Thursday, December 12, 2013

Thursday Takeover: Matthew Graybosch Talks Research

It's time for the Thursday Takeover! Today, Matthew Graybosch is here to talk to us about research for his novel Without Bloodshed. You can follow Matthew's writerly exploits on social media (Twitter, Tumblr, Facebook, Google+, and Goodreads) or by visiting his website

If you want to get to know the Starbreaker series a bit more, Matthew has written two short stories and a novelette set in the Starbreaker universe. The novelette Steadfast: Part One features Naomi Bradleigh and can be found on the Curiosity Quills website. Morgan Stormrider is featured in the short stories "Tattoo Vampire" and "The Milgrim Battery" that appears in the Curiosity Quills charity anthology Primetime (proceeds donated to no-kill animal shelters). 

For now, let's get to know Matthew and the first book in the Starbreaker series, Without Bloodshed a little bit before he takes over.

About the Author: 
Matthew Graybosch is the author of Without Bloodshed, a near-future science fantasy thriller set in the Starbreaker universe. Without Bloodshed is published by Curiosity Quills Press and currently available.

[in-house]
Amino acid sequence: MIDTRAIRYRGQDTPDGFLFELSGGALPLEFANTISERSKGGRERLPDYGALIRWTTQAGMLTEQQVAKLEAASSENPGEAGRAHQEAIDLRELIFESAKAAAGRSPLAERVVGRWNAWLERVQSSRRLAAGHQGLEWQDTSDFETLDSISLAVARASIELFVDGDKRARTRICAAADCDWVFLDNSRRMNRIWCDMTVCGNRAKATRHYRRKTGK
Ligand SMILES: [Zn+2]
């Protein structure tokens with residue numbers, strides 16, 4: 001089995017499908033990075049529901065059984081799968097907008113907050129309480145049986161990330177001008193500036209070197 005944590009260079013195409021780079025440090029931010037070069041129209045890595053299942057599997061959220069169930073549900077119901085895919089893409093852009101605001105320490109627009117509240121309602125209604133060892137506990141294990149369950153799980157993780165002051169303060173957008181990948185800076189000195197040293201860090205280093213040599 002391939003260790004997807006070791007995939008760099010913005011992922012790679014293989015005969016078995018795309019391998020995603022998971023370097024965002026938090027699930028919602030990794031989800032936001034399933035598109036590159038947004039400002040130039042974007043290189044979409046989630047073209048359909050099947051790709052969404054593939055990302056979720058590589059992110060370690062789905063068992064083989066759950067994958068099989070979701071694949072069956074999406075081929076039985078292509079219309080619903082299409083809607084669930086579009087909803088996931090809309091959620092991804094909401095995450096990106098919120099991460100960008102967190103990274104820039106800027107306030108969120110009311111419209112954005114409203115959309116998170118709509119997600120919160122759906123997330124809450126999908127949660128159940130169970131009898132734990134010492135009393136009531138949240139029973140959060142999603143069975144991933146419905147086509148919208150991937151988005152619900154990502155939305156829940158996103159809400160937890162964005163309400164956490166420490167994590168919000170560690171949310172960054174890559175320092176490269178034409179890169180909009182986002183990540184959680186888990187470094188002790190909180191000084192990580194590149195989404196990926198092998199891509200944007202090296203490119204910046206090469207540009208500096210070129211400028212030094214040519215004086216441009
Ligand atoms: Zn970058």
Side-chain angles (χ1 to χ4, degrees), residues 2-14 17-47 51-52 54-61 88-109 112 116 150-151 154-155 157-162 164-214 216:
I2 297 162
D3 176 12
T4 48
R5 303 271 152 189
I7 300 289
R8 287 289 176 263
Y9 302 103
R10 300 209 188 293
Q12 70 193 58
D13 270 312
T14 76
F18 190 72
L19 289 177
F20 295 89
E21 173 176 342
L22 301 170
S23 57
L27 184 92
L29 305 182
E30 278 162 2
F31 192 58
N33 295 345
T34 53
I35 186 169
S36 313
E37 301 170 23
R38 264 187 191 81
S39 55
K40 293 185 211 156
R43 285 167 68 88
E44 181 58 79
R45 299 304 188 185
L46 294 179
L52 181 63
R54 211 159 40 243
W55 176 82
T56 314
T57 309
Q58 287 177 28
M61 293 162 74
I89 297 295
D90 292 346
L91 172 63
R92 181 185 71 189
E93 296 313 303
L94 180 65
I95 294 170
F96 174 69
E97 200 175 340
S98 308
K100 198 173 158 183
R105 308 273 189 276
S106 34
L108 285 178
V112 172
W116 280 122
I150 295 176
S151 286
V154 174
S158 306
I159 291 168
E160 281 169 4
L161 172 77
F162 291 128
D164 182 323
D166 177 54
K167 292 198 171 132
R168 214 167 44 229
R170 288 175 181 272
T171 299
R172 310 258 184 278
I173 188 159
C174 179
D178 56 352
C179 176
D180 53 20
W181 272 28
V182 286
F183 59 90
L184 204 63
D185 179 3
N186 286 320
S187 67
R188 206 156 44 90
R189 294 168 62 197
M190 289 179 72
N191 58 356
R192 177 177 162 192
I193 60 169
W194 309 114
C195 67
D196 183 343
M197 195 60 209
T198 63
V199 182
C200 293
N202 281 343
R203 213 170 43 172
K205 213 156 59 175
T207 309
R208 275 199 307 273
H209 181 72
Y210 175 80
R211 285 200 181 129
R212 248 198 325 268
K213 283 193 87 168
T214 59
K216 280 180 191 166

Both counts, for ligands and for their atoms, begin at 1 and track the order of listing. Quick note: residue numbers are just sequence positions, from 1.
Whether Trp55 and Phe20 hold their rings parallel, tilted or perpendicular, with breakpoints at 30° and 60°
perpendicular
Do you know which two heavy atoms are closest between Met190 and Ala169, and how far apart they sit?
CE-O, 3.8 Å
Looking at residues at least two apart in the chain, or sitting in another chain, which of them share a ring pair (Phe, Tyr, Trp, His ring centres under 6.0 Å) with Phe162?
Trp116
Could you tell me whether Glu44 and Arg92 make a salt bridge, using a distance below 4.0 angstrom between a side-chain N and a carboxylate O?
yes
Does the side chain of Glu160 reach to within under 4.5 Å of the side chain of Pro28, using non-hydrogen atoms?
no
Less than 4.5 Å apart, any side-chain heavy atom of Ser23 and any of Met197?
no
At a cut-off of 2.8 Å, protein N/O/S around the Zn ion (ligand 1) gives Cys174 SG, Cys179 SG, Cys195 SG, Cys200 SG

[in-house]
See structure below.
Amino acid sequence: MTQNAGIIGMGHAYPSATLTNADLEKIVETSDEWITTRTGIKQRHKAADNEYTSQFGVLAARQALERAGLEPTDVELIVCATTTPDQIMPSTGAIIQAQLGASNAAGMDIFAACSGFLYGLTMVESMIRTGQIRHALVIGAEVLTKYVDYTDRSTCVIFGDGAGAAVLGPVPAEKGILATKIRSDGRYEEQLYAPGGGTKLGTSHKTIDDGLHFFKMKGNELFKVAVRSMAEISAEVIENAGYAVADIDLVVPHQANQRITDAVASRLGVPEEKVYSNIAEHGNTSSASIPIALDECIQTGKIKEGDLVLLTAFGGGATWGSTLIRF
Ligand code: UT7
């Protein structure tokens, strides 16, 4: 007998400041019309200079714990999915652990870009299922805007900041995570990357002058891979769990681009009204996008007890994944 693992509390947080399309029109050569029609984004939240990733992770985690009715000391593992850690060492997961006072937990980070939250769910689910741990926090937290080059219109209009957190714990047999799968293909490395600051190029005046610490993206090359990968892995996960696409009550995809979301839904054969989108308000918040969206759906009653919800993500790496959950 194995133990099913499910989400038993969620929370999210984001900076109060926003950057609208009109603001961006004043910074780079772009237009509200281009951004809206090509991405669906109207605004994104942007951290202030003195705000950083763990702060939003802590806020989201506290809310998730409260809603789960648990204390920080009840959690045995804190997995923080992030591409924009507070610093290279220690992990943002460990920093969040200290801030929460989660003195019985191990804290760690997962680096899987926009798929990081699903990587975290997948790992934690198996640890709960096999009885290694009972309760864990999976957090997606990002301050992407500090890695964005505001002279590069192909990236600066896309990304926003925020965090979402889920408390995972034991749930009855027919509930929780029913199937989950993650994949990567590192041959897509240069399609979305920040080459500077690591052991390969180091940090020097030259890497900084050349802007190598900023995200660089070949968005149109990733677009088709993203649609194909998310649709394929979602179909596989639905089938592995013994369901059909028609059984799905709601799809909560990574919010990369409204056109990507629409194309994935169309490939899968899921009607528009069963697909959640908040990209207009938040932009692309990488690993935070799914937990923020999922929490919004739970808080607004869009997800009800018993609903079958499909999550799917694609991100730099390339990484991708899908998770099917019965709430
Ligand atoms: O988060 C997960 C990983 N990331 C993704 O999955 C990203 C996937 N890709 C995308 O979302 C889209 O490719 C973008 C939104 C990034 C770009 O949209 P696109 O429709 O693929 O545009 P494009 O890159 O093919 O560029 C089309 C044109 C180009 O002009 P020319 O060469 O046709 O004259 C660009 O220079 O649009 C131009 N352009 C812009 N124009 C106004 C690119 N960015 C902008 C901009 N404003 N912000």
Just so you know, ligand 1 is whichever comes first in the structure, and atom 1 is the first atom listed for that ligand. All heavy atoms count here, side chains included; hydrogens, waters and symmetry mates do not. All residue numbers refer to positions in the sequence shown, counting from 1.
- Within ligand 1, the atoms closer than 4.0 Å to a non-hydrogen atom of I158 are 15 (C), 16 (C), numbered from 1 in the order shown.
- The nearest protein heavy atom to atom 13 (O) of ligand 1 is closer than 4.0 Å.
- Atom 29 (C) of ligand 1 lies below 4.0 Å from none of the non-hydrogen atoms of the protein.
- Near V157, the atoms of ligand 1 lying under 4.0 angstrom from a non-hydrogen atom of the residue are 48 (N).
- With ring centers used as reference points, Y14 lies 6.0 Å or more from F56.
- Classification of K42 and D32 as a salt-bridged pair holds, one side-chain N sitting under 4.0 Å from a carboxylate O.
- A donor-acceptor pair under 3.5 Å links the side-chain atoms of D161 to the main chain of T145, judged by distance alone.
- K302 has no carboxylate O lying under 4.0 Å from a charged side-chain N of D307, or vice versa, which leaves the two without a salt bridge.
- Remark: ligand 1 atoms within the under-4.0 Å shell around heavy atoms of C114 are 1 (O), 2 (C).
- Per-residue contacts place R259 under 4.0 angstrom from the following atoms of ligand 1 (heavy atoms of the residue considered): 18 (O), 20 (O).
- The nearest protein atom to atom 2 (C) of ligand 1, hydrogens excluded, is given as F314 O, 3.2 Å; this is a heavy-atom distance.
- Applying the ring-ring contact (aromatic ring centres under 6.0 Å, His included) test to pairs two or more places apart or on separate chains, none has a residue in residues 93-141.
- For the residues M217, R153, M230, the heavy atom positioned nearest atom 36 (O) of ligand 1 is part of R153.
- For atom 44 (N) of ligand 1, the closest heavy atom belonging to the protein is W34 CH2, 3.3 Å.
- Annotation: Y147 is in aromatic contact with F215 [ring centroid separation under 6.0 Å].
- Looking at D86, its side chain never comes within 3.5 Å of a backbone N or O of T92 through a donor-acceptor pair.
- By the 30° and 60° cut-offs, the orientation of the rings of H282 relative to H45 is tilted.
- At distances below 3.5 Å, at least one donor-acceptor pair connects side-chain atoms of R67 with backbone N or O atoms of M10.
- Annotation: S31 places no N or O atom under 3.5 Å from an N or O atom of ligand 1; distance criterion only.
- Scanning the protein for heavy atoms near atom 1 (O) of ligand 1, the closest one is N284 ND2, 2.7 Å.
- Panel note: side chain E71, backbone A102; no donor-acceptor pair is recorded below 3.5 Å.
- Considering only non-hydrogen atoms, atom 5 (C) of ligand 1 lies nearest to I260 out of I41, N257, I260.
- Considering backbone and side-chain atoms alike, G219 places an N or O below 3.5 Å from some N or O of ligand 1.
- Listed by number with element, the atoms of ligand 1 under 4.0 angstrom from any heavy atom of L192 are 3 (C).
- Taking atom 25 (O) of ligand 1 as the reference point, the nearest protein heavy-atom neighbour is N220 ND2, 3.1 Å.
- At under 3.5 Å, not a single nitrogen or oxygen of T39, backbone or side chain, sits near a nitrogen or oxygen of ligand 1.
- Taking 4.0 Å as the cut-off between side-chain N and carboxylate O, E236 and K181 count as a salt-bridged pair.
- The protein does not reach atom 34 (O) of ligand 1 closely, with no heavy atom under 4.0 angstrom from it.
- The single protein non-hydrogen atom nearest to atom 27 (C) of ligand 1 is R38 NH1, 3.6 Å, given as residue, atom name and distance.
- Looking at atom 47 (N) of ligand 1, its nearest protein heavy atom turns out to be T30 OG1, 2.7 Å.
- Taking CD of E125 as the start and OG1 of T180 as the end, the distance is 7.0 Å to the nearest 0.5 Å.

According to official records maintained by the state of New York, Matthew Graybosch was born on Long Island in 1978. Urban legends in New York suggest he might be Rosemary’s Baby, the result of top-secret DOD attempts to continue Nazi experiments combining human technology and black magic, or that he sprang fully grown from his father’s forehead with a sledgehammer in one hand and a copy of Bulfinch’s Mythology in the other — and has given the poor man headaches ever since.

The truth is more prosaic. Matthew Graybosch is a novelist from New York who lives in central Pennsylvania. He is also an avid reader, a long-haired metalhead, and an unrepentant nerd.

About The Book:
“All who threaten me die.”